Batteries and Water
If a device runs on batteries, checking to make sure the batteries are good (or charged) is the first thing to check if the device stops working. Rechargable batteries can be by-passed by plugging the unit into the charger. For disposable batteries, try a set fresh from the pack (a set that powers another device may not have the required power left to power the device).
Unlike devices that need to be plugged in, many devices (like cell phones and remote controls) take batteries, either disposable, or rechargeable. Because of their portability, these devices are also more prone to taking baths (or at the very least, getting wet). If this happens, the first action should be removing the batteries. (The very first step is really to not panic, but that has probably already happened.) The next step is to place the device in a ziplock bag full of rice. Then just walk away for the next day or so. After a day or two in the rice (the rice will pull the moisture from the device), pull the device out, replace the batteries, and if luck was with you the device will power up.
The TV won't turn on. The sewing machine won't light up. The lamp won't stay on. These and similar comments are generally the precursor to a call to the repairman or a trip to the store to replace a defective item. But wait, a bit of troubleshooting can eliminate many of those calls.
These are steps anyone can take.
1. Read the directions. In the process of getting the model and make of a flatscreen TV we found a tag that read if remote won't work flip switch below. We found and flipped the switch, and the TV turned on.
2. Is it plugged in and is the power strip on? Are there batteries in it and are they in the right way? It's amazing how often this simple little element is overlooked. It can't work if there isn't power getting there.
3. Is the light bulb burned out? Is the light-bulb screwed in all the way? A sewing machine or serger will work just fine even with out the light. Press the pedal to make sure that it's not just the light bulb before taking it to the repairman.
4.Find the owners manual, and refer to step 1. I know, you tossed the manual into a box of manuals that you lost or threw away last winter. Go online. The Internet has many sources for owner’s manuals.
These ideas are not for the feint of heart. Proceed only if you’re comfortable with tools and technology, and realize that some things were not built to be fixed.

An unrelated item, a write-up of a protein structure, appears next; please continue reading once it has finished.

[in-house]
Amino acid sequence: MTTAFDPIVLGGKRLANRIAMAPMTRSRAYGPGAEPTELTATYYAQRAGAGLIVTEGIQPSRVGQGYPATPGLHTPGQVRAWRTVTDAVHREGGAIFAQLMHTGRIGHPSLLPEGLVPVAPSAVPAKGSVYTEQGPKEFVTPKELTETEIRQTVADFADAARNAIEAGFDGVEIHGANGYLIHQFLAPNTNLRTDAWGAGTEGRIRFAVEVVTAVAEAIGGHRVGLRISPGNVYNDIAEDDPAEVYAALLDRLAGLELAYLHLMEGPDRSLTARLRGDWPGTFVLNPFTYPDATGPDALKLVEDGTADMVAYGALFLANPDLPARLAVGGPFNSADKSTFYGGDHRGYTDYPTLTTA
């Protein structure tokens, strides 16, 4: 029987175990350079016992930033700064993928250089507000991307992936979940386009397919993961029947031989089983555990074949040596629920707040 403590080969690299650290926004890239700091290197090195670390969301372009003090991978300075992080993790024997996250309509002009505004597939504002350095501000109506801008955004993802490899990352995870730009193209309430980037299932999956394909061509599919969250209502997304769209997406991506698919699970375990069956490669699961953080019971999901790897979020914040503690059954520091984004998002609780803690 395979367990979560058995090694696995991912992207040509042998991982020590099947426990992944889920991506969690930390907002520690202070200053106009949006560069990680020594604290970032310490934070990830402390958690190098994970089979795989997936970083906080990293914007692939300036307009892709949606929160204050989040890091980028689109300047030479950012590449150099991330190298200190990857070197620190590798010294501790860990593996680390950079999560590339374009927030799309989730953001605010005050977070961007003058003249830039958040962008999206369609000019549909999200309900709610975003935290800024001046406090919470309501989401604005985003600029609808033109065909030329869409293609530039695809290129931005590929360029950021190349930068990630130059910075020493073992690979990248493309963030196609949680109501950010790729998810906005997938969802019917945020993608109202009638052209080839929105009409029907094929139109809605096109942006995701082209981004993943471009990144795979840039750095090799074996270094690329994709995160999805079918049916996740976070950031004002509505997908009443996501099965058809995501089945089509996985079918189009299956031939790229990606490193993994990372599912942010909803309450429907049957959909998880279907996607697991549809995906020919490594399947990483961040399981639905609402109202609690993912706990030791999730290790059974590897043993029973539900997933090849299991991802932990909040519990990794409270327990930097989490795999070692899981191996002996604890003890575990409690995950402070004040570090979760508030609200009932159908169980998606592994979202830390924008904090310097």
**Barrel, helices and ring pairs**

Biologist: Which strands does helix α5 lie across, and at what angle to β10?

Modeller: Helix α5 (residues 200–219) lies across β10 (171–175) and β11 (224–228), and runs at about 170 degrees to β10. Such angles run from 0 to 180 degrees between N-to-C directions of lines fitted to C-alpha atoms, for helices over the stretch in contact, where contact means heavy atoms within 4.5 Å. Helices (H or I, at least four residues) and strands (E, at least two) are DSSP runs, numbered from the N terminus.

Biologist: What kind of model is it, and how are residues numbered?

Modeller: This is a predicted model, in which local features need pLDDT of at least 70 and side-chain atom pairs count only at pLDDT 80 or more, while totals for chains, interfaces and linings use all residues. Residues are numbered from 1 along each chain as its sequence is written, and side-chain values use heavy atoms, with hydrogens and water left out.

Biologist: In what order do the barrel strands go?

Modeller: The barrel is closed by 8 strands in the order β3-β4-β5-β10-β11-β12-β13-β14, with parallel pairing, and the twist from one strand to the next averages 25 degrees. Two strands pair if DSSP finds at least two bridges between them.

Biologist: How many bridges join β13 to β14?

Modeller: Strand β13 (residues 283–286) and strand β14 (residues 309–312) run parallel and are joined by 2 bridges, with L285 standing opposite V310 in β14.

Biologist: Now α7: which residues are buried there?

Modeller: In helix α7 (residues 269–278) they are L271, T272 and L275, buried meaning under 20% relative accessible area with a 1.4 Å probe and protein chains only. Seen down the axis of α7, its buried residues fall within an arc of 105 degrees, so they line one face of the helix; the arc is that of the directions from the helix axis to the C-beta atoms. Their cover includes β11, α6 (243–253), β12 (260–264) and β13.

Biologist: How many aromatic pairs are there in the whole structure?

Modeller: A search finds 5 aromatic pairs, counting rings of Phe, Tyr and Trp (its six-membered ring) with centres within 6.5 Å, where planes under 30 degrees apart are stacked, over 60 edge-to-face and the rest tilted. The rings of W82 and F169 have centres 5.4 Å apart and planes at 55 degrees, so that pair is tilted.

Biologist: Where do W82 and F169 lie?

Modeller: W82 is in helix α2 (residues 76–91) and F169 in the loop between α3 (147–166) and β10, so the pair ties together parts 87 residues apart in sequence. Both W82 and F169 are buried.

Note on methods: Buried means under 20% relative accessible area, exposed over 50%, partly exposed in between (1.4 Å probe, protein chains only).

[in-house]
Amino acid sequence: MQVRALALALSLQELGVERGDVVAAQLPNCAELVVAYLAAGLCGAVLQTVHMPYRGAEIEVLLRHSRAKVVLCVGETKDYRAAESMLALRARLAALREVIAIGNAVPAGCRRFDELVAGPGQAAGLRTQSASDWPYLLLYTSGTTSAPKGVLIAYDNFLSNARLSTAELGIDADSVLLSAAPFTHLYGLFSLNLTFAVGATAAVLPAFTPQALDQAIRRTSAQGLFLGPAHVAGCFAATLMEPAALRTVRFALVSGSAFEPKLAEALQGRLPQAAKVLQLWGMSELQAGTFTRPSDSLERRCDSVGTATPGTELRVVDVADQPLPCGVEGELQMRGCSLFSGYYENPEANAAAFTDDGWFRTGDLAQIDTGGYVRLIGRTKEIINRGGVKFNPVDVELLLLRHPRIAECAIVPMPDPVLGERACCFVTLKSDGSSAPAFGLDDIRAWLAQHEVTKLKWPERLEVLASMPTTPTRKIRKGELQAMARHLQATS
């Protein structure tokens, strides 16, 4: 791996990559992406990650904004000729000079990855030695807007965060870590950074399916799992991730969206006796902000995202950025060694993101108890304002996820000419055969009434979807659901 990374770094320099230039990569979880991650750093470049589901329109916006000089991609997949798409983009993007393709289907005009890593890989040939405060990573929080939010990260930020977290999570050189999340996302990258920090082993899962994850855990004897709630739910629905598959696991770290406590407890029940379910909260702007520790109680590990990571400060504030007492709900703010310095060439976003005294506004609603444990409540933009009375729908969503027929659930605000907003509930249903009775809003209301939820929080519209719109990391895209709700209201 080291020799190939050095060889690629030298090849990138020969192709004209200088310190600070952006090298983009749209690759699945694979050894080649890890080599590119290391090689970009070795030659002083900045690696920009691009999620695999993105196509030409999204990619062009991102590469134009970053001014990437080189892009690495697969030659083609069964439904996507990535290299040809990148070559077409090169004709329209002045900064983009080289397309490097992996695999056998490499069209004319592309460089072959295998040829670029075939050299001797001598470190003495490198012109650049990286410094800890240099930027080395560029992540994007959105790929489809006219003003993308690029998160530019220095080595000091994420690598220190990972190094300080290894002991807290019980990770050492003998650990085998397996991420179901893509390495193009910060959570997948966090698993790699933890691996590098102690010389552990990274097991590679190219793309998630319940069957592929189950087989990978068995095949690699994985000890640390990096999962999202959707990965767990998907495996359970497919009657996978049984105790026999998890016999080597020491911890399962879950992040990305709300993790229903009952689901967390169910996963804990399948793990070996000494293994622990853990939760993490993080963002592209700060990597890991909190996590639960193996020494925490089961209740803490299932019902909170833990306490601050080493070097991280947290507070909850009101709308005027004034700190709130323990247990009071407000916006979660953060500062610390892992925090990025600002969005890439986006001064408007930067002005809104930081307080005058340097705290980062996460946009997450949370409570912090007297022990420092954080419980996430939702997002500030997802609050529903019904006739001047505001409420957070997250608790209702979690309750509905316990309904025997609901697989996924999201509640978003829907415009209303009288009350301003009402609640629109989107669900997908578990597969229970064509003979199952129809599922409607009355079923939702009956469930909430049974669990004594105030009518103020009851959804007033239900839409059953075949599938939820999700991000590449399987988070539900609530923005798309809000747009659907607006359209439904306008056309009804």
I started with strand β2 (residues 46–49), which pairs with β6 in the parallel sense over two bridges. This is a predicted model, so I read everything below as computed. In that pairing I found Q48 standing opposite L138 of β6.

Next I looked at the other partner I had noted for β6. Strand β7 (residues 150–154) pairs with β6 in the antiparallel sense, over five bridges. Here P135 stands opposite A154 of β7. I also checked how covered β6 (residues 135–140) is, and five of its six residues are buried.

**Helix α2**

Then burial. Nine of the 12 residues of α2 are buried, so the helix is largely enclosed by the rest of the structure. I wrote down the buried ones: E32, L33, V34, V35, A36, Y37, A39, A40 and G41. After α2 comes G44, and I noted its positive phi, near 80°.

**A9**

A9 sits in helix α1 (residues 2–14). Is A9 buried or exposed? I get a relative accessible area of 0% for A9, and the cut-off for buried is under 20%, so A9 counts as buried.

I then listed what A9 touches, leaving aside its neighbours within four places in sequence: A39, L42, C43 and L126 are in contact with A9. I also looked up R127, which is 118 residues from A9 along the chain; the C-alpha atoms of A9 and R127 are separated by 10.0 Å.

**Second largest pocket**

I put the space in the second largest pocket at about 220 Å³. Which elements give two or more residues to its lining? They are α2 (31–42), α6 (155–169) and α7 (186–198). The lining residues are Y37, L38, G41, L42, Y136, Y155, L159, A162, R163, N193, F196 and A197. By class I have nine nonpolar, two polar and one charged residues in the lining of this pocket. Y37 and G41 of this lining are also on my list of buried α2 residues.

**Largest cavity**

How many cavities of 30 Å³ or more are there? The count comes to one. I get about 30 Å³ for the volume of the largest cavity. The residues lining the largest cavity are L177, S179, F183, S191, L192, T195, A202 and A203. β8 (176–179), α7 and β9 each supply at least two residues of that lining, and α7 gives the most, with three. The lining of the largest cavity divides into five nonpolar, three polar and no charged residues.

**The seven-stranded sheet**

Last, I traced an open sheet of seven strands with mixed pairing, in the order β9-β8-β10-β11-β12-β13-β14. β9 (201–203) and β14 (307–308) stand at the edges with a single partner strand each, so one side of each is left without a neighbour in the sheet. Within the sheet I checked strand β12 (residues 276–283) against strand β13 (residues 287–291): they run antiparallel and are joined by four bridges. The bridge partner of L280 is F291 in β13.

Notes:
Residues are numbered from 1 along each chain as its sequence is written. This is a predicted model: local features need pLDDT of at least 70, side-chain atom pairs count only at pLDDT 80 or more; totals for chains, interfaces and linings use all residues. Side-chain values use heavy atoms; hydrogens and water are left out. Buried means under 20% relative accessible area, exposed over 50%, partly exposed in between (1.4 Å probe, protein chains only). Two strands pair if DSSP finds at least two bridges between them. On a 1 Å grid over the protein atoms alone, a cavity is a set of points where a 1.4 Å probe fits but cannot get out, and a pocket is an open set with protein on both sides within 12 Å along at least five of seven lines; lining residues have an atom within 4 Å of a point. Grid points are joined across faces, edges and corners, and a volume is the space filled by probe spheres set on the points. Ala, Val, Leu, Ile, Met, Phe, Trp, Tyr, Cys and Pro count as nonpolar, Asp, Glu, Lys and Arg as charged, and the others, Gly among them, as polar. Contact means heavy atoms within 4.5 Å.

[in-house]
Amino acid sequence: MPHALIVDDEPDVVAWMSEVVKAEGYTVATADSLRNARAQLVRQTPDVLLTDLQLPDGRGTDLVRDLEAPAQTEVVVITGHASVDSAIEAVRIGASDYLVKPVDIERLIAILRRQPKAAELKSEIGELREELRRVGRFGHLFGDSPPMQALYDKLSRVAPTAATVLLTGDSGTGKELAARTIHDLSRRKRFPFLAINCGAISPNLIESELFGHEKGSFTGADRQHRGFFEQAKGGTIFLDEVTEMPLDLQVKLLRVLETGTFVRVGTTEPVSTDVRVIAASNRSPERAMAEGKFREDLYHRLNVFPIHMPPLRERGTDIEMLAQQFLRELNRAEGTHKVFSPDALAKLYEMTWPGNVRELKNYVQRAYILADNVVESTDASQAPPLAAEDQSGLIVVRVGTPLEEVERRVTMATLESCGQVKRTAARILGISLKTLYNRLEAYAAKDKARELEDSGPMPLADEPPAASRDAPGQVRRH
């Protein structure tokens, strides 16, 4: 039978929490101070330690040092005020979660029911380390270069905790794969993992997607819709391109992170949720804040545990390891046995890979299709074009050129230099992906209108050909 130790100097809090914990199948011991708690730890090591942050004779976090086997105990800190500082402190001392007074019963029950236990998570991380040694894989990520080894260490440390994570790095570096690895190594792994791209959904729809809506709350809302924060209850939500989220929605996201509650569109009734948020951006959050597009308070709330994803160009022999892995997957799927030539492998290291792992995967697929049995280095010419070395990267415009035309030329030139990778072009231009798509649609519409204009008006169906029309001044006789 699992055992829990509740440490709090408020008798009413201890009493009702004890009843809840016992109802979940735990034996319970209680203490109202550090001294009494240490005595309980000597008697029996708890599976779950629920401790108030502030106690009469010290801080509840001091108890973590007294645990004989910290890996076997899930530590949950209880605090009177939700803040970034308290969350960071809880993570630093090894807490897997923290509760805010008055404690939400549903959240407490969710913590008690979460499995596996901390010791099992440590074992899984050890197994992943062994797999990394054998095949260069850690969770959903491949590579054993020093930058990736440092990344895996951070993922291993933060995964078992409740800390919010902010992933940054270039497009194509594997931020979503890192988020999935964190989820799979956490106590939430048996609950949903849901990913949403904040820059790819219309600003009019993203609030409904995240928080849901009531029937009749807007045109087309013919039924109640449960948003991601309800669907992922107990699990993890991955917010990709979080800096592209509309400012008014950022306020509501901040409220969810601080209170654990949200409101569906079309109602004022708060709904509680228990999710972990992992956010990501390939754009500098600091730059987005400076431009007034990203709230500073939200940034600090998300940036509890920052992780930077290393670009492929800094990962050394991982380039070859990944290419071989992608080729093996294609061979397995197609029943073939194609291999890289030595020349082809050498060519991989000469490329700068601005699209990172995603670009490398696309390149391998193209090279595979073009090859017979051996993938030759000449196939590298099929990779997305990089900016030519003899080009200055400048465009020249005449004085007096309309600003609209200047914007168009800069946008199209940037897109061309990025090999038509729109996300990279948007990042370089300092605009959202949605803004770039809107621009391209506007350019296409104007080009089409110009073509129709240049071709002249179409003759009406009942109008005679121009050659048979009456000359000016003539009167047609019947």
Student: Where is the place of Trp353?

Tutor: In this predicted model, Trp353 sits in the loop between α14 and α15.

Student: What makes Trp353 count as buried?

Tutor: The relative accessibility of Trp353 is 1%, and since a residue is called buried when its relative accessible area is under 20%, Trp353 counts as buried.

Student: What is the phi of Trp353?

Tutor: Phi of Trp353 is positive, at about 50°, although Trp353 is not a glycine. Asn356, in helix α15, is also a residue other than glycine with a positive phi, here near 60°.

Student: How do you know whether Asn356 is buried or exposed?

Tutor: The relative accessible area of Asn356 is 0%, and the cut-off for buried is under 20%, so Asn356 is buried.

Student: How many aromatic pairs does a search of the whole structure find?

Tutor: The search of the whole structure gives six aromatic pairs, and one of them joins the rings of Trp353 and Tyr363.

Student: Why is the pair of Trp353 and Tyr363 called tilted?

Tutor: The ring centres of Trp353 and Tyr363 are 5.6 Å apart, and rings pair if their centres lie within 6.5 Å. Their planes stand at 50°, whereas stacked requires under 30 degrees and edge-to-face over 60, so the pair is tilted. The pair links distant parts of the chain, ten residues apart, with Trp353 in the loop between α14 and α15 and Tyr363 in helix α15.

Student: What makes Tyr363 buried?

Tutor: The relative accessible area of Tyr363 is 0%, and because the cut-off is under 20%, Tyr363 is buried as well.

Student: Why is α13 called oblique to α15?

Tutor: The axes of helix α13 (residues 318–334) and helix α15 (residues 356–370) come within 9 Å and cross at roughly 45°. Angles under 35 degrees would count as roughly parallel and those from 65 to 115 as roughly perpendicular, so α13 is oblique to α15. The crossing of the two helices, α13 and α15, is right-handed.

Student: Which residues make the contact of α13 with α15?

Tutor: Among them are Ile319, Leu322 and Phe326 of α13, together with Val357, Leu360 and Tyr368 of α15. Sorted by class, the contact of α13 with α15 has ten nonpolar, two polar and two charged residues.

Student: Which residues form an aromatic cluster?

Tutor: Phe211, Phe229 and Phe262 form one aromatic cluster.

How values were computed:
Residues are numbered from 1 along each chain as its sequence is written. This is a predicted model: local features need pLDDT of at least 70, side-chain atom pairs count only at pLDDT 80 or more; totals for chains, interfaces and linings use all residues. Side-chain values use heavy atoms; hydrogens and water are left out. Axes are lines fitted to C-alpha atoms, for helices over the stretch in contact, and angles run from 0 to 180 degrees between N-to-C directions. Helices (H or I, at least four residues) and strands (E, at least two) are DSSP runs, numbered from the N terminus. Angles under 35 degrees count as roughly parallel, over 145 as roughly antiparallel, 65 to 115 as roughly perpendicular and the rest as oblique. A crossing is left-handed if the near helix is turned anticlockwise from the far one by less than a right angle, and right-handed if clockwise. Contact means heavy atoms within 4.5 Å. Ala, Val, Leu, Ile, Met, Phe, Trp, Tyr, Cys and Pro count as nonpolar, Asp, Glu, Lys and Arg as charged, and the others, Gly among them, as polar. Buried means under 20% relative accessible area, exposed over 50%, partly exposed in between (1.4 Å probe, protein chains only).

The simple art of remembering what was wrong the last time and how you or someone else fixed it will make the next occurrence much less stressful. The main key is, try the simple stuff first, then try what worked last time.
Go back online and search for a hub about your appliance. If that doesn’t work, look at a regular search engine. You will likely find a web-site with someone on the other end who can walk you through the rest of the simple fixes for your particular appliance.
Troubleshooting is a skill that is learned, often through hard experience, but just as often through watching someone else (perhaps even that repairman you called) walk through the process. Be forewarned the professionals make it look easier than it really is, but if you use the same methods to determine the problem, it can be done. Whatever you do make sure to un-plug the item or turn off the power to the appliance before doing anything.
Read the owners manual again! Many manuals have an advanced troubleshooting section. It may take advanced tools and skills to complete the steps, but that’s why you’re reading this section.
And finally, know when you can fix it yourself and when to call a professional or to replace it. Is the pride in having fixed it yourself, worth the time and possibly the extra cost? Will it be functional when you're done?
Is troubleshooting worth it? That depends. Do you really want to have to pay a repairman to tell you it was unplugged?